Carnegie had been discussing rail transport with other lines, but determined the best way to protect his interests was to control the rail line himself. Several smaller companies had constructed sections of the route. "Bear Creek Railroad (name changed to Shenango and Allegheny Railroad Co.) was incorporated in March 1865 for the purpose of moving coal 21 miles from Pardoe to Shenango for delivery to other railroads and the Erie Extension Canal. By 1883, Shenango and Allegheny had extended north to Greenville, PA and south to Butler, PA. By 1892, the line had extended north to reach the port of Conneaut, OH. The extensions carried their own descriptive corporate names and survived a series of corporate reorganizations to become the Pittsburgh, Shenango and Lake Erie." The rail line had been completed as far as Butler, still 40 miles distant from the Mon Valley.

"The first ore boat arrived in Conneaut in 1892 stimulating the interest of Andrew Carnegie. In April 1896, a tri-party agreement between PS&LE, Union Railroad Company and Carnegie Steel Company called for construction of a line from Butler to East Pittsburgh. The Butler and Pittsburgh Railroad Company incorporated April 8, 1896 and completed, spectacularly, by October 27, 1897 including a long, single track bridge across the Allegheny River. Also in 1897, PS&LE and B&P were consolidated into the Pittsburgh, Bessemer & Lake Erie under majority ownership of Carnegie." "Four years later, Carnegie formed the Bessemer and Lake Erie Railroad under this exclusive ownership and arranged to lease PS&LE for 999 years. This arrangement stayed in place with the formation of U. S. Steel in 1901, which bought out Carnegie interests." "In 1906, B&LE leased, and later sold, to Union Railroad the portion of line between North Bessemer and East Pittsburgh." "In 1988, the Bessemer & Lake Erie Railroad became part of Transtar, Inc. Transtar is a privately-held transportation holding company with principal operations in railroad freight transportation, dock operations, Great Lakes shipping, and inland river barging. The Transtar subsidiary companies formed over the years to meet the transportation needs of various steel making facilities that were the predecessors of today's USX Corporation. Prior to 1989, the Transtar companies were wholly owned transportation subsidiaries of USX (formerly United States Steel Corporation). In December 1988, these transportation companies were acquired by a new holding company, Transtar, Inc."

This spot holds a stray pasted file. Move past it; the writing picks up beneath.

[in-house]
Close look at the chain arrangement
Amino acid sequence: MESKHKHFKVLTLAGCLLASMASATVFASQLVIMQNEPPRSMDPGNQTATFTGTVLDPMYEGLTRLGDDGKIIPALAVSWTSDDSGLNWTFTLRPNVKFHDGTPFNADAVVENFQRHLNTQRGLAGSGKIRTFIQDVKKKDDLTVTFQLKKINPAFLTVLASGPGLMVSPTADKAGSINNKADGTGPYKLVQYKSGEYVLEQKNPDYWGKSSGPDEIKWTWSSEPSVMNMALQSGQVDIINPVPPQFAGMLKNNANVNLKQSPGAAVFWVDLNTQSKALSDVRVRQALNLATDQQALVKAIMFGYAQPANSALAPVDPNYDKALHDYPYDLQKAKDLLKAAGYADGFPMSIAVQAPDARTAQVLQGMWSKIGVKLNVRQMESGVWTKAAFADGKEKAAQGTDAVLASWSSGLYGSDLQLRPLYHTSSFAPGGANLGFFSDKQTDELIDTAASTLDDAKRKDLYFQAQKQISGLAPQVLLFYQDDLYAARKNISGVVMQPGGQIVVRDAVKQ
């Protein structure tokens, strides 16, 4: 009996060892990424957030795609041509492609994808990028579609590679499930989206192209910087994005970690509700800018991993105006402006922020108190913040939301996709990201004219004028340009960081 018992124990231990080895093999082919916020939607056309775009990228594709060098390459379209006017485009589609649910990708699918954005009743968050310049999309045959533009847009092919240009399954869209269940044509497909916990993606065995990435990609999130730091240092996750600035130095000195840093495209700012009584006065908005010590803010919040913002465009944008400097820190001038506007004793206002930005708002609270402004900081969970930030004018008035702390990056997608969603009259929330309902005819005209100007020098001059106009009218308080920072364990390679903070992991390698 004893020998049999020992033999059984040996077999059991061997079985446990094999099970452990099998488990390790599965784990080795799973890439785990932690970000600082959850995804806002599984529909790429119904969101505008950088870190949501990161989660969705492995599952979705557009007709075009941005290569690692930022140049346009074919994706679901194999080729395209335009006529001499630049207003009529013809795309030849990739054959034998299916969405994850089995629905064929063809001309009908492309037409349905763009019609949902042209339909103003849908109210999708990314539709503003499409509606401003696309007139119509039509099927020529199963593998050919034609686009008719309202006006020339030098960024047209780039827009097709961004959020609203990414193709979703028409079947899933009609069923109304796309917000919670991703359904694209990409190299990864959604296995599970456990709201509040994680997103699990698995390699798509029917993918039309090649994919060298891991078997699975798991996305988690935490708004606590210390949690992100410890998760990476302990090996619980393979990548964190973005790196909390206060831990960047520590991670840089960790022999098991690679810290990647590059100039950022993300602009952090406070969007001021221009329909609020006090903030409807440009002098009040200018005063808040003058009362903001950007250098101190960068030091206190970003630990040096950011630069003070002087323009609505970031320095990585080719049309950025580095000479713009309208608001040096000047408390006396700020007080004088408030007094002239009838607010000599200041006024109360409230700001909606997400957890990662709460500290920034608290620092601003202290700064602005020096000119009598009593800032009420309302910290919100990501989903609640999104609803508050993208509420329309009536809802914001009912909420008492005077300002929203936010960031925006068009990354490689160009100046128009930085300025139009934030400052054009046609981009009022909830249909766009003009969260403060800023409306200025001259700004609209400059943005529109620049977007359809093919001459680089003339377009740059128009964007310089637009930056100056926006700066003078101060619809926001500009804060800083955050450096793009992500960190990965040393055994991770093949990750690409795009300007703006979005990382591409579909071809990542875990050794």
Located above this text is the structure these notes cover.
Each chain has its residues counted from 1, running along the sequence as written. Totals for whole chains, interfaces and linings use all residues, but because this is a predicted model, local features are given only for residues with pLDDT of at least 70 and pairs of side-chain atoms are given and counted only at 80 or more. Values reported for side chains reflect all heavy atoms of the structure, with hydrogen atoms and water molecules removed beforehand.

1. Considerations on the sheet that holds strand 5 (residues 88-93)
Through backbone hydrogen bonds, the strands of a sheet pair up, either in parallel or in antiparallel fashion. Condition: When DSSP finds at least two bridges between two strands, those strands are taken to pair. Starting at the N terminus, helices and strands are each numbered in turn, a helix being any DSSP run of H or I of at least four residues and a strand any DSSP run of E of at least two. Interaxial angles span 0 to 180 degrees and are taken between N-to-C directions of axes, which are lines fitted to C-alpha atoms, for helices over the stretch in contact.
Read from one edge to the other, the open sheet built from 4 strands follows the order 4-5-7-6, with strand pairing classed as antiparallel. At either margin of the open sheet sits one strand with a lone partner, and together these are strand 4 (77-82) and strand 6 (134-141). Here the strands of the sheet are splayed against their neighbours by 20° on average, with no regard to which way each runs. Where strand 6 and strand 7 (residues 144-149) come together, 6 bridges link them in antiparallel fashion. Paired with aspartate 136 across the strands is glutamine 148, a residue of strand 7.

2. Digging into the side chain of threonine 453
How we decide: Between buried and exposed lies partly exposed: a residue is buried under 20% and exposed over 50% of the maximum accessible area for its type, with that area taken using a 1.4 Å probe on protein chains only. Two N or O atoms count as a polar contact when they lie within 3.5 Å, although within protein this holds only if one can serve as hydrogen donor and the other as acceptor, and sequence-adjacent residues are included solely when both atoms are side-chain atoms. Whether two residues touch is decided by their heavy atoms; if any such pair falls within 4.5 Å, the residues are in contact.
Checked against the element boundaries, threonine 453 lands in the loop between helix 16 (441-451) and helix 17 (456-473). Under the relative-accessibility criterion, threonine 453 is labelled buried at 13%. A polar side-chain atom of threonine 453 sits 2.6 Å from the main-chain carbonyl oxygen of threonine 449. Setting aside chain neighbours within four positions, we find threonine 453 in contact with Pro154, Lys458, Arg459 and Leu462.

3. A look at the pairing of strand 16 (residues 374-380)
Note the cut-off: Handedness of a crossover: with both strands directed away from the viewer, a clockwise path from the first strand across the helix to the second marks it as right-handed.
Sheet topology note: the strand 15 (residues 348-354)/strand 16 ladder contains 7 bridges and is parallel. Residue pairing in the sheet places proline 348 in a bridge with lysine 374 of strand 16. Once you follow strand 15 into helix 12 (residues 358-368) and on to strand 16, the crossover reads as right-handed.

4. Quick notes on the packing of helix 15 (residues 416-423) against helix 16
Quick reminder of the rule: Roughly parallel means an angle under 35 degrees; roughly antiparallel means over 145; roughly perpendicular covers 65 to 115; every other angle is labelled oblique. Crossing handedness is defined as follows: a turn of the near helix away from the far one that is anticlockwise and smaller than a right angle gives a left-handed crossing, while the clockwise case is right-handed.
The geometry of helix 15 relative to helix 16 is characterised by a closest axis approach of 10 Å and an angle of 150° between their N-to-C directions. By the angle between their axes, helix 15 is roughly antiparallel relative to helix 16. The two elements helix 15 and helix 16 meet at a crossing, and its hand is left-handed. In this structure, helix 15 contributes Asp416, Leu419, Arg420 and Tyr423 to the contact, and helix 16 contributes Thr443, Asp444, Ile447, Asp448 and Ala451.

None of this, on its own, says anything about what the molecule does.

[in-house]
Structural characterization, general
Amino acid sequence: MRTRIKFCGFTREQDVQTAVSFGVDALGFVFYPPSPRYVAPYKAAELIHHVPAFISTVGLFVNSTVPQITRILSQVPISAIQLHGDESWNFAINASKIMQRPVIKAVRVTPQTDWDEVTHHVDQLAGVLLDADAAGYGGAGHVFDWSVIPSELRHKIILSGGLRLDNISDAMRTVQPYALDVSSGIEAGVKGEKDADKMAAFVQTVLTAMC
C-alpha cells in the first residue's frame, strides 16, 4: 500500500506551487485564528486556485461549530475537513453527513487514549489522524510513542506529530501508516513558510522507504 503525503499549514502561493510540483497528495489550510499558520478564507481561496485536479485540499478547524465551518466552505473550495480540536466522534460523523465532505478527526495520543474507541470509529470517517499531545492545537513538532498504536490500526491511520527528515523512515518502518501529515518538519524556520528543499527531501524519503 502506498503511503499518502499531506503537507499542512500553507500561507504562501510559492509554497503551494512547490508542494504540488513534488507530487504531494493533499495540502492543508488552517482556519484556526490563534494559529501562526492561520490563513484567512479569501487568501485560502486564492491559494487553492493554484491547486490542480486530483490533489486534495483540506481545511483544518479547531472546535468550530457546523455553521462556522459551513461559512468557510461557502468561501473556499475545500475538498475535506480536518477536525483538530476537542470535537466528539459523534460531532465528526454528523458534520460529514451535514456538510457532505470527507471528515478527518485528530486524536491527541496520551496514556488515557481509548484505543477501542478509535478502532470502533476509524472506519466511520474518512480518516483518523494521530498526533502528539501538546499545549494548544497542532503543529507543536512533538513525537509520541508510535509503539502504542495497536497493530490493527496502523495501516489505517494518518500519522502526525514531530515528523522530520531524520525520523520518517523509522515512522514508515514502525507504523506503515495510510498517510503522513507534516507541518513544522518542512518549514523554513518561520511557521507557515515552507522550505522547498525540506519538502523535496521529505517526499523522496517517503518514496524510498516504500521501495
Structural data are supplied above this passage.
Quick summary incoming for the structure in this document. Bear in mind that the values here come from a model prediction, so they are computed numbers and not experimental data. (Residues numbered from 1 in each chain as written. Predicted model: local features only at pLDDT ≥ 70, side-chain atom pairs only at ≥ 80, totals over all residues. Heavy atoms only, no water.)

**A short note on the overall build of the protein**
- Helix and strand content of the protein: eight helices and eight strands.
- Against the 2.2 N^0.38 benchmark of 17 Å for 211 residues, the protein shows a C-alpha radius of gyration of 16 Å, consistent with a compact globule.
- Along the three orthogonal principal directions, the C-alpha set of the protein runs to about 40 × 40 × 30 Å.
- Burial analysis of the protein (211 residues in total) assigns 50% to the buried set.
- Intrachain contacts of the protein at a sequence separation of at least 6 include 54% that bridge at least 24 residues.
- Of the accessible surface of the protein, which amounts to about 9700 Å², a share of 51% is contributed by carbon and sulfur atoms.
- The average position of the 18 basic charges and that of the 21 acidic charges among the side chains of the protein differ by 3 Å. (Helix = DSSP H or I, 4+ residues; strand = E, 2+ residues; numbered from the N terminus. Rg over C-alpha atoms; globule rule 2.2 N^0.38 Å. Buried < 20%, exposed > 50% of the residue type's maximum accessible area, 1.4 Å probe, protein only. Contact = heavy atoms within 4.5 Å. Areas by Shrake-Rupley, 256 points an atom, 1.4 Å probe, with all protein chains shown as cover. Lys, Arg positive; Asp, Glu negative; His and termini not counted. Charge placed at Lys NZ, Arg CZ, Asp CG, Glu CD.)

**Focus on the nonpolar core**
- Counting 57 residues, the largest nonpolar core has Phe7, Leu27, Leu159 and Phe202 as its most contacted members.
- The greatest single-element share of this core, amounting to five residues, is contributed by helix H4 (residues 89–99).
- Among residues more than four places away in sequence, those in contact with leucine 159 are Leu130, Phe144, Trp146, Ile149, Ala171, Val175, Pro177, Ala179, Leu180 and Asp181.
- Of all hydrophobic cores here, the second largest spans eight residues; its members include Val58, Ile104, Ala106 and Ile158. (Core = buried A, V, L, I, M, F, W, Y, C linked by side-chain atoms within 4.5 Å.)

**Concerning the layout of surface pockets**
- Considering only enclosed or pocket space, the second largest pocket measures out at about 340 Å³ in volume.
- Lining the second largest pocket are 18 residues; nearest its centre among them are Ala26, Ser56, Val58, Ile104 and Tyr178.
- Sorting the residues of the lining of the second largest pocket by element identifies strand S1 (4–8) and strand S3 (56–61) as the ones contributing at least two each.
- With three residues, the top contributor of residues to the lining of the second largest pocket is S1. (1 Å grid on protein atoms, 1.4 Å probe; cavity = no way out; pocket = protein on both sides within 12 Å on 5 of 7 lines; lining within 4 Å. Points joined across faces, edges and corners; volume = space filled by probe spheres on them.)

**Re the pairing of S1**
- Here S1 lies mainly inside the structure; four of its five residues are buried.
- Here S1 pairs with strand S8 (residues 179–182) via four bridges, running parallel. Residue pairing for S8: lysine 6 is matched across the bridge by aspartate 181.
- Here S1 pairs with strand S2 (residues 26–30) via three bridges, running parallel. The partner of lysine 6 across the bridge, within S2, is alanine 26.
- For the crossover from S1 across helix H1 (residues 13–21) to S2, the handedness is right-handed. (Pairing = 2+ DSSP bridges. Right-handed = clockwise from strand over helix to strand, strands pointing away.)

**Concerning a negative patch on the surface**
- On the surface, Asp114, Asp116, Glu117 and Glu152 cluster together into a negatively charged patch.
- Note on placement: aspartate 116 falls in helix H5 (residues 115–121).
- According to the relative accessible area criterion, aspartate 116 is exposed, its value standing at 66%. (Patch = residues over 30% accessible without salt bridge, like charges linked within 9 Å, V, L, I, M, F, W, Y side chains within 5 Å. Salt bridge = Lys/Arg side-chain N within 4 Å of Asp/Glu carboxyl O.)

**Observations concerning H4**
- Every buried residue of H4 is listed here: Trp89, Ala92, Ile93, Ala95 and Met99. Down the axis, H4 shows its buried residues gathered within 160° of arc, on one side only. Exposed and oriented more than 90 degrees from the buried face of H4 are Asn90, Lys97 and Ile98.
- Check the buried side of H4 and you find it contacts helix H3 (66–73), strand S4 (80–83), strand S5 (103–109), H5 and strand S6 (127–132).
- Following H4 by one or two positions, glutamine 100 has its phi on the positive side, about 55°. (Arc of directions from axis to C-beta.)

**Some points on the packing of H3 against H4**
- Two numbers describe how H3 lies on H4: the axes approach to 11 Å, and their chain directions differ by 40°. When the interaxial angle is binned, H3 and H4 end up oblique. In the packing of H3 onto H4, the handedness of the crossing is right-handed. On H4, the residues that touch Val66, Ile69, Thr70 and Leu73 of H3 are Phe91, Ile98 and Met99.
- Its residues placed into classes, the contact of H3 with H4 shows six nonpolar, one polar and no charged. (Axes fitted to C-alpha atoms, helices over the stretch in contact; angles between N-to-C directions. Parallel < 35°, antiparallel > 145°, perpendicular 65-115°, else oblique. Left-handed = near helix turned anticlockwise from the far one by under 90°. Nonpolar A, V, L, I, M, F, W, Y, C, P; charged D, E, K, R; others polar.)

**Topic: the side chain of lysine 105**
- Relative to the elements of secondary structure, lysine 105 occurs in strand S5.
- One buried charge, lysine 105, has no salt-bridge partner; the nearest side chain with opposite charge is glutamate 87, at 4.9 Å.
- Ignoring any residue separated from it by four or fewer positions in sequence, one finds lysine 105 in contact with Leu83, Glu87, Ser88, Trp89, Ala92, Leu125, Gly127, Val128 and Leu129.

"In 2001, the Bessemer & Lake Erie Railroad became part of Great Lakes Transportation, a privately-held transportation holding company with principal operations in railroad freight transportation, dock operations and Great Lakes shipping."


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Introduction -- Nearby Structures

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Last modified: 29-Jun-2004